There was a post on a bulletin board not too long ago. Click HERE to read the article. The story is two mothers were shopping in a local store. One of them had a baby, the other one had an older child. The mother with the baby goes and starts telling her baby "say Hi to the girl". The other mother, tells this mother "Don't let my child get near the baby". But, it was too late. The older child had hit the baby. Before this happened, the mom had said that her daughter has issues and not to let her near the baby. The baby was not seriously hurt, and cried for a few seconds and then was fine. As a parent who has a special needs child, I have been in these awkward situations. Having to apologize for my autistic son when he hit them. It has not happened a lot, but it has happened. Nick has no idea that what he is doing is wrong-he just knows that he is upset. Therefor, trying to tell him what he did was wrong is not going to compute right away. It takes time and lots of repetition. We also try to avoid these outbursts, but honestly, sometimes they just happen and you can't do anything about it. Such is life with having a disabled child. Now, I also have a typical child. And yes, if someone came up and hit him I would be mad. But, some of the responses to that post were just downright horrible. Suggesting that we put our children in "higher" care if we cannot control them, that they are a danger to the general public, and that we should leave them at home. Some question our parenting skills and say things like our children are one step away from being a felon or worse. These are mothers saying this. This is the kind of thing we have to deal with everytime we take Nick out. I can feel people staring at us. Wondering what is wrong with that little boy in the basket as he grunts and bangs constantly on its sides. They stare, and probably talk about him as they are in their cars going home. Sometimes it doesn't bug me. Sometimes it does. Yesterday, it bugged me. Then on the way home, my mind wandered to think of Fran Peek.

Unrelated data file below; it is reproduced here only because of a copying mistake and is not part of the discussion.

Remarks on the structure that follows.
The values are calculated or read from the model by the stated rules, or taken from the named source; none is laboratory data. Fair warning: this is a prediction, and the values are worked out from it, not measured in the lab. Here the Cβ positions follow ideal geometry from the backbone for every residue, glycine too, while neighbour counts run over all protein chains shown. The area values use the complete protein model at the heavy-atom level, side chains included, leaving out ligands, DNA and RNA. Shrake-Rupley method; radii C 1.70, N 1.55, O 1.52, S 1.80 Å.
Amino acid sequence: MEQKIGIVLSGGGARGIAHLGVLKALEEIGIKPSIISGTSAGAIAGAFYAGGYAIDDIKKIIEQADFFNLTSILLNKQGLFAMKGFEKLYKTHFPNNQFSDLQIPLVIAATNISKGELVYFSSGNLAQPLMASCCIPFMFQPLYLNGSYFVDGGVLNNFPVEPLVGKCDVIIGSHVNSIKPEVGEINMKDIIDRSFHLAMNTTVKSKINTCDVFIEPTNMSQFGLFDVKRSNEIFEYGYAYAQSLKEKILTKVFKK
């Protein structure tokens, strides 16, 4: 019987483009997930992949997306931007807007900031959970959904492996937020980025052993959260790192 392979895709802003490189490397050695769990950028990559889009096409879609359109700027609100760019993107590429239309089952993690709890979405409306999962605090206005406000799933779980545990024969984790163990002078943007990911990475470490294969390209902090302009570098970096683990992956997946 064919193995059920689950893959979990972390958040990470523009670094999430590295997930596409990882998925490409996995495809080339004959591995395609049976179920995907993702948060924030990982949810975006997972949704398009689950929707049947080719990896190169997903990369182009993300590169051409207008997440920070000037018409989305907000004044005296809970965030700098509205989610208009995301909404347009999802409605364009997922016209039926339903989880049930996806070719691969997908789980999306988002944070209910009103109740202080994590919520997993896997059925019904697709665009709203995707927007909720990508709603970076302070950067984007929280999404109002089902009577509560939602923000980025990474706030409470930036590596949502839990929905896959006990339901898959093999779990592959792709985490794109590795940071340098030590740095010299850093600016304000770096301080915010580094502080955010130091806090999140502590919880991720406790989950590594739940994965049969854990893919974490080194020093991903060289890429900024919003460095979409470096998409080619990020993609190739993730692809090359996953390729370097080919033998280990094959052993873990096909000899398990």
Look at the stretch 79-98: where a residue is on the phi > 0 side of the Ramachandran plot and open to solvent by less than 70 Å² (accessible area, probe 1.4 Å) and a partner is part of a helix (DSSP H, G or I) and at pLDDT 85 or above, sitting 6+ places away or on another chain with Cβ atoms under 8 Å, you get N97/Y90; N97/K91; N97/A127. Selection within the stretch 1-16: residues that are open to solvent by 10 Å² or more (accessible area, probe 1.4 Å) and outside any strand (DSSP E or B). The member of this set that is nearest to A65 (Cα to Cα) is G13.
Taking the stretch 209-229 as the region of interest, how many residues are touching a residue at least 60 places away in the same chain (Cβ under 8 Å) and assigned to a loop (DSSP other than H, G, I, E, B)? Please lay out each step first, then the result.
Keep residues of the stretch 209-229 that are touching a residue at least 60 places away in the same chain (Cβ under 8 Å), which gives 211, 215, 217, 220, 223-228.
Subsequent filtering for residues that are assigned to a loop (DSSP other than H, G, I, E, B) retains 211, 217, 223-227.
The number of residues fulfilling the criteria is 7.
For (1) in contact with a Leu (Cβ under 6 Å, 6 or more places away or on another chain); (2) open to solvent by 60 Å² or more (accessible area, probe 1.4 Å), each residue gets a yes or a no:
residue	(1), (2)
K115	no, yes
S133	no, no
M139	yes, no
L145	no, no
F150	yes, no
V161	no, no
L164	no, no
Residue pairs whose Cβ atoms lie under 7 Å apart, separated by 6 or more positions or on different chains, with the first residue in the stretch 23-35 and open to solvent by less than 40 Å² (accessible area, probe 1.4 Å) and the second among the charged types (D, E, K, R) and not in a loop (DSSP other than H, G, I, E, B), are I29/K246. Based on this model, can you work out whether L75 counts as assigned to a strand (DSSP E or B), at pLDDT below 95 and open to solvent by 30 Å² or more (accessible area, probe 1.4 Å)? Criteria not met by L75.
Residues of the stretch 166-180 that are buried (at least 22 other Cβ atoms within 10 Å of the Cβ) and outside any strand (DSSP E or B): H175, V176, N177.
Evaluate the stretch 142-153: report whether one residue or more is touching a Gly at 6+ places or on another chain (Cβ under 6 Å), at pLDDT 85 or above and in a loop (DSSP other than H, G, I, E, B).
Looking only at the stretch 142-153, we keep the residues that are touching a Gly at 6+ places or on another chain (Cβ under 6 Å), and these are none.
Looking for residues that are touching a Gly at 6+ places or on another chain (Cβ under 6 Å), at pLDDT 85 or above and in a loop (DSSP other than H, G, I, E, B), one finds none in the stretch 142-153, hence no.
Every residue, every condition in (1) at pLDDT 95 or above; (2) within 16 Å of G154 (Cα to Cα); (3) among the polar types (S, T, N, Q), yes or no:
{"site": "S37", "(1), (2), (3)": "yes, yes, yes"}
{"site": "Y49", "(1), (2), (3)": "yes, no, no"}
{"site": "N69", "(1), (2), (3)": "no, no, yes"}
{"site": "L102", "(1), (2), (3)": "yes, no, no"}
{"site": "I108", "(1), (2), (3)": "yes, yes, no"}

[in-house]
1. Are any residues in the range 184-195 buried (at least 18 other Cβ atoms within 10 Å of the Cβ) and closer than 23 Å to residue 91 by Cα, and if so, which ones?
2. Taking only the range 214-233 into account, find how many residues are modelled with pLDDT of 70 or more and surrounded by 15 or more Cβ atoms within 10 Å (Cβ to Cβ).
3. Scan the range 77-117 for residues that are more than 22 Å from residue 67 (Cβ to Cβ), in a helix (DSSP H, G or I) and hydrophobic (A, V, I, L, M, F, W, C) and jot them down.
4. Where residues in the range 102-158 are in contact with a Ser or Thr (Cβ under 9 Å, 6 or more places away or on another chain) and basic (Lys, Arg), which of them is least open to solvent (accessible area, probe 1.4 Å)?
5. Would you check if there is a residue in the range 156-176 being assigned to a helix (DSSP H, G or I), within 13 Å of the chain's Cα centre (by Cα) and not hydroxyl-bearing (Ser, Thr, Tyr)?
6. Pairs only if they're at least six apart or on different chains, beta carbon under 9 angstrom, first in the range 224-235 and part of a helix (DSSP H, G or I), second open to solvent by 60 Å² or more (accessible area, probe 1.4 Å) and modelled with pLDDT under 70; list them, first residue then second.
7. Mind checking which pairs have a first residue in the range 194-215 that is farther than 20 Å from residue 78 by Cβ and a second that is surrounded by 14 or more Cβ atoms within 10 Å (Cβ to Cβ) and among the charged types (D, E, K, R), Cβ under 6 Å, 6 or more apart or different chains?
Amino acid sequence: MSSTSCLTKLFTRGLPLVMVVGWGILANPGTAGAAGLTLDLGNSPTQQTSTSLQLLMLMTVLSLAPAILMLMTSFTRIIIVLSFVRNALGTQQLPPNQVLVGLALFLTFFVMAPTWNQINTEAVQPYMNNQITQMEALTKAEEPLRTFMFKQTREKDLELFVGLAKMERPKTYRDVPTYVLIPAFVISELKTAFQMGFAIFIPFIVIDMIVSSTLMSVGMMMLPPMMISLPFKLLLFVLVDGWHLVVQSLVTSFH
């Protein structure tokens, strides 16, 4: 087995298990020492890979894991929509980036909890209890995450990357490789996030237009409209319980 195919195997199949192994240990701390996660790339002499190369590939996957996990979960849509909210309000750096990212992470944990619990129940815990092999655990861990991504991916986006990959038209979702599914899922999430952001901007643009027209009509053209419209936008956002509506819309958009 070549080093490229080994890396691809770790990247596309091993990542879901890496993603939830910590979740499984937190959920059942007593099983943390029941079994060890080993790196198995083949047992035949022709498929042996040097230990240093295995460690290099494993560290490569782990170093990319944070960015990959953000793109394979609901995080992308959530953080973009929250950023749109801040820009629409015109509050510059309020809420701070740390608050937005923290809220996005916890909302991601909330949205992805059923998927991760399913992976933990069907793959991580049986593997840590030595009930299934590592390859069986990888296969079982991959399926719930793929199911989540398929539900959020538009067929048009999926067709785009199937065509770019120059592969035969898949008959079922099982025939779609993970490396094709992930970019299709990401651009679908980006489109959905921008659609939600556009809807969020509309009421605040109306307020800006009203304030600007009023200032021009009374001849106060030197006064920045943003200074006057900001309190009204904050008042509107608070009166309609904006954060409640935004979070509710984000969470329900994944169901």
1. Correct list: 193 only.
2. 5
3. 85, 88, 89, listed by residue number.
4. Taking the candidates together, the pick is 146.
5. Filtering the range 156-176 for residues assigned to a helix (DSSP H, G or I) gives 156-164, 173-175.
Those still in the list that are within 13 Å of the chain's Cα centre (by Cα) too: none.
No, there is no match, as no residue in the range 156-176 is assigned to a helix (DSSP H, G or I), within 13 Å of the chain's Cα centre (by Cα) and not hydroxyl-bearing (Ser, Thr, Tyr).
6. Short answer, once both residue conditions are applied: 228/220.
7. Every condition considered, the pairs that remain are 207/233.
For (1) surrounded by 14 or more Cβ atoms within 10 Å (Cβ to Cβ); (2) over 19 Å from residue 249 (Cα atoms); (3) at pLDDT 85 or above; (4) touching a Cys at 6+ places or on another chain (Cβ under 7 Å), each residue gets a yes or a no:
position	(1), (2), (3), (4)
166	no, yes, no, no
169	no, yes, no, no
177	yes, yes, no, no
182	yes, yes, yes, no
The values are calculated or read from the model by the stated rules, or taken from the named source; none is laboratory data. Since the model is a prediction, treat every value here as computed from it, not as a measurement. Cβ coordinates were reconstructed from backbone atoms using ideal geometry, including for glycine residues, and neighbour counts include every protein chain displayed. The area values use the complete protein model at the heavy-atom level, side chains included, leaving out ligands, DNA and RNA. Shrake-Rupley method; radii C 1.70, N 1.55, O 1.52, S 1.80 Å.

Fran's son, Kim Peek, was the inspiration for the movie "Rainman". Kim did not have Autism. Instead, he had Agenesis of the Corpus Collosum-with other impairments. He memorized every book he ever read, new every zip code in the US, among many other amazing feats. Doctors told his parents to put him in a home and forget about him. Kim never went to an institution. Instead, his parents loved him and raised him at home. After his mother passed away, his father, Fran, tended to his every need...every day. Since "Rainman" Kim has had many speaking engagements-accompanied by his father. He continued to learn social cues, and was even developing a sense of humor. Kim Peek died over the holidays. He did not die from his mental condition, he died from a heart attack. His father outlived him. Of course, this is every parents nightmare. But think just for one minute. Kim never had to be institutionalized. Fran never had to worry about who would care for his son when he passed. Never had to worry about the care he would recieve, or that other care givers would simply exploit Kim. Kim lived at home his entire life, and got to travel to world renowned places sharing with the public his amazing abilities. People like that give me the strength I need to make it through another day. The world has lost a great mind, and a great person. We can sure use more Fran and Kim Peeks in our world.